ZFBEGIN
ZFENTRY("GetSampleZ","1B",get_sample_Z)
ZFENTRY("GetSampleZW","2B",get_sample_ZW)
ZFENTRY("GetSampleZH","4B",get_sample_ZH)
ZFEND
Note:
Commas are used as separators in an output argument string that contains multiple values. Because commas can also be a part of counted string arrays, declare these arrays at the end of the argument list and use one array per call.

Passing Standard Counted Strings with J Linkage Types

The callin.h header file defines counted string structure CACHE_EXSTR, representing a standard InterSystems string. This structure contains an array of character elements (8-bit, 16-bit Unicode, or 32–bit wchar t) and an int value (maximum value 3,641,144) specifying the number of elements in the array:
typedef struct {
   unsigned int   len;         /* length of string */
   union {
      Callin_char_t  *ch;      /* text of the 8-bit string */
      unsigned short *wch;     /* text of the 16-bit string */
      wchar_t        *lch;     /* text of the 32-bit string */
/* OR unsigned short *lch   if 32-bit characters are not enabled */
   } str;
} CACHE_EXSTR, *CACHE_EXSTRP;

C Datatype Input In/Out Notes
CACHE_EXSTR
1j
or
j
1J
or
J
Standard string of 8-bit national characters
CACHE_EXSTR
2j
or
n
2J
or
N
Standard string of 16-bit Unicode characters
CACHE_EXSTR
4j
4J
Standard string of 32-bit characters wchar_t characters
Two InterSystems Callin functions (see the “Callin Function Reference” in Using the Callin API) are used to create or delete CACHE_EXSTR:
  • CacheExStrKill — Releases the storage associated with a CACHE_EXSTR string.
  • CacheExStrNew[W][H] — Allocates the requested amount of storage for a string, and fills in the CACHE_EXSTR structure with the length and a pointer to the value field of the structure.
See the following example for a demonstration of how these functions are used.
Here is a Callout library that uses all three linkage types to return a numeric string:
Using J linkages to pass strings
Each of the following three functions generates a random integer, transforms it into a numeric string containing up to 6 digits, and uses a J linkage to return the string .
#define ZF_DLL   // Required when creating a Callout library.
#include <cdzf.h>
#include <stdio.h>
#include <wchar.h>
#include <callin.h>

int get_sample_L(CACHE_EXSTRP retval) {  // 8-bit characters
   Callin_char_t numstr[6];
   size_t len = 0;
   sprintf(numstr,"%d",(rand()%1000000));
   len = strlen(numstr);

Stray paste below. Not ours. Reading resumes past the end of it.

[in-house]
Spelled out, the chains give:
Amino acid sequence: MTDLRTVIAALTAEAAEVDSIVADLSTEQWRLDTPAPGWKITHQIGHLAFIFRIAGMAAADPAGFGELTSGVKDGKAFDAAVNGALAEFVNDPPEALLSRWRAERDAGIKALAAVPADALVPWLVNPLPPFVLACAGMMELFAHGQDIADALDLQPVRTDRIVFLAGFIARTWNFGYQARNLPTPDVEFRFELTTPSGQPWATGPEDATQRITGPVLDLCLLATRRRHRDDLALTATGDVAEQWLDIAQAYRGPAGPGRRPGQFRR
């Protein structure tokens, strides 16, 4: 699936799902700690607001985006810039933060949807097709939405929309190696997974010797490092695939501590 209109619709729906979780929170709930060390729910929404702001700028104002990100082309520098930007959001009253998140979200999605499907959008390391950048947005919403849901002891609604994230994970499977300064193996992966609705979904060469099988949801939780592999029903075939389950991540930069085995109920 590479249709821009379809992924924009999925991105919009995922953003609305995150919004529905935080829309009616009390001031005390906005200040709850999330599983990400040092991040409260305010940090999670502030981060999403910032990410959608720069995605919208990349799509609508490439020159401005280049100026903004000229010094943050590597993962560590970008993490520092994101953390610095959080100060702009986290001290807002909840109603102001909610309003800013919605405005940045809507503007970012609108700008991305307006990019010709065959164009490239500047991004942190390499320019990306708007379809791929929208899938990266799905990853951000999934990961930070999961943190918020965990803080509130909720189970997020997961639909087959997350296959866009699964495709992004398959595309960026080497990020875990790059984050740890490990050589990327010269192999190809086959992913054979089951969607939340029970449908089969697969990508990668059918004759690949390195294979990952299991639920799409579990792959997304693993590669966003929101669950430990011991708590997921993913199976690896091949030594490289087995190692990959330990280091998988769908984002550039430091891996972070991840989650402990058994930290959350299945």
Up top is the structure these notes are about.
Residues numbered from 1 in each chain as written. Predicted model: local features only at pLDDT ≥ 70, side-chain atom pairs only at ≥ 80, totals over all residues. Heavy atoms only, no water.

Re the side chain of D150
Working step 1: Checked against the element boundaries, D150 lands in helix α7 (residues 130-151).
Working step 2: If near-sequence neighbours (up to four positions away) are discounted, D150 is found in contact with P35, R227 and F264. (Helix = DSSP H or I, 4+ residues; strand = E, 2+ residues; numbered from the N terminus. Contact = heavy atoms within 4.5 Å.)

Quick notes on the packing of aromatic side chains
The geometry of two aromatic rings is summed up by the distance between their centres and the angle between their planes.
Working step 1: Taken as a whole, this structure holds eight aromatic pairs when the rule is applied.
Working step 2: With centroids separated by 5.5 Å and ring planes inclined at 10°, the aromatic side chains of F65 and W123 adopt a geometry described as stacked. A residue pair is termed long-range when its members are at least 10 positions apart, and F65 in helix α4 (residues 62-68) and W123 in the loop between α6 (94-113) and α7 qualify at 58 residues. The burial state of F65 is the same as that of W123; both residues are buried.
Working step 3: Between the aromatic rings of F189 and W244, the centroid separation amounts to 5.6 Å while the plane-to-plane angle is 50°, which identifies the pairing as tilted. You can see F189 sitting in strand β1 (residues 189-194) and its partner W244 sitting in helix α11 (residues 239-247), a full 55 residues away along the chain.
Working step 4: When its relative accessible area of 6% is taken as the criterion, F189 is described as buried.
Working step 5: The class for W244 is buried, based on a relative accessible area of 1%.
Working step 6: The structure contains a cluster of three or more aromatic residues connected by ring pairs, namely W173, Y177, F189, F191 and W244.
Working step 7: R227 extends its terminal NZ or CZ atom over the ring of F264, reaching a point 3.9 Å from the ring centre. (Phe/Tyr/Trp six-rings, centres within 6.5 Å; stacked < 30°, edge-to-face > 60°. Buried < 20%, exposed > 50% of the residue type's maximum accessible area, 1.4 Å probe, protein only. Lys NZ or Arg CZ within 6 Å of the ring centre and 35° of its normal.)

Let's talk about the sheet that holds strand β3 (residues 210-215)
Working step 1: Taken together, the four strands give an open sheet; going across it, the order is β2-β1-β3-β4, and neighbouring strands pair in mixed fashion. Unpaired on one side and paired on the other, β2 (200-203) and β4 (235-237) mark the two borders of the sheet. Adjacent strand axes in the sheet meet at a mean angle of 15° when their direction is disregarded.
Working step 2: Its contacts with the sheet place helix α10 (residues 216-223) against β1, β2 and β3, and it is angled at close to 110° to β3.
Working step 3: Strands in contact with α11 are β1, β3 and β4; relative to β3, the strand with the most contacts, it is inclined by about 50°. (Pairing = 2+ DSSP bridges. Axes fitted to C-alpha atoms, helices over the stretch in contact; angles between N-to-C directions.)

CACHEEXSTRKILL(retval);
   if (!CACHEEXSTRNEW(retval,len)) {return ZF_FAILURE;}
   memcpy(retval->str.ch,numstr,len);   // copy to retval->str.ch
   return ZF_SUCCESS;
}

int get_sample_LW(CACHE_EXSTRP retval) {  // 16-bit characters
   unsigned short numstr[6];
   size_t len = 0;
   swprintf(numstr,6,L"%d",(rand()%1000000));
   len = wcslen(numstr);
   CACHEEXSTRKILL(retval);
   if (!CACHEEXSTRNEW(retval,len)) {return ZF_FAILURE;}
   memcpy(retval->str.wch,numstr,(len*sizeof(unsigned short)));   // copy to retval->str.wch
   return ZF_SUCCESS;
}

int get_sample_LH(CACHE_EXSTRP retval) {  // 32-bit characters
   wchar_t numstr[6];
   size_t len = 0;
   swprintf(numstr,6,L"%d",(rand()%1000000));
   len = wcslen(numstr);
   CACHEEXSTRKILL(retval);
   if (!CACHEEXSTRNEW(retval,len)) {return ZF_FAILURE;}
   memcpy(retval->str.lch,numstr,(len*sizeof(wchar_t)));   // copy to retval->str.lch
   return ZF_SUCCESS;
}

ZFBEGIN
ZFENTRY("GetSampleL","1J",get_sample_L)
ZFENTRY("GetSampleLW","2J",get_sample_LW)
ZFENTRY("GetSampleLH","4J",get_sample_LH)
ZFEND
Note:
Always kill CACHE_EXSTRP input arguments
In the previous example,
CACHEEXSTRKILL(retval)
is always called to remove the input argument from memory. This should always be done, even if the argument is not used for output. Failure to do so may result in memory leaks.

Configuring the $ZF Heap for Short Strings

Note:
This section applies only to legacy short strings (see “Passing Short Counted Strings with B Linkage Types”). Standard InterSystems strings (see “Passing Standard Counted Strings with J Linkage Types”) use their own stack.
The $ZF heap is the virtual memory space allocated for all $ZF short string input and output parameters. It is controlled by the following Caché system settings:
  • ZFString is the number of characters permitted for a single string parameter. The number of bytes this actually requires will vary depending on whether you are using 8-bit characters, 16-bit Unicode characters, or 32-bit characters on UNIX®. The permitted range for this setting is
    0
    to
    32767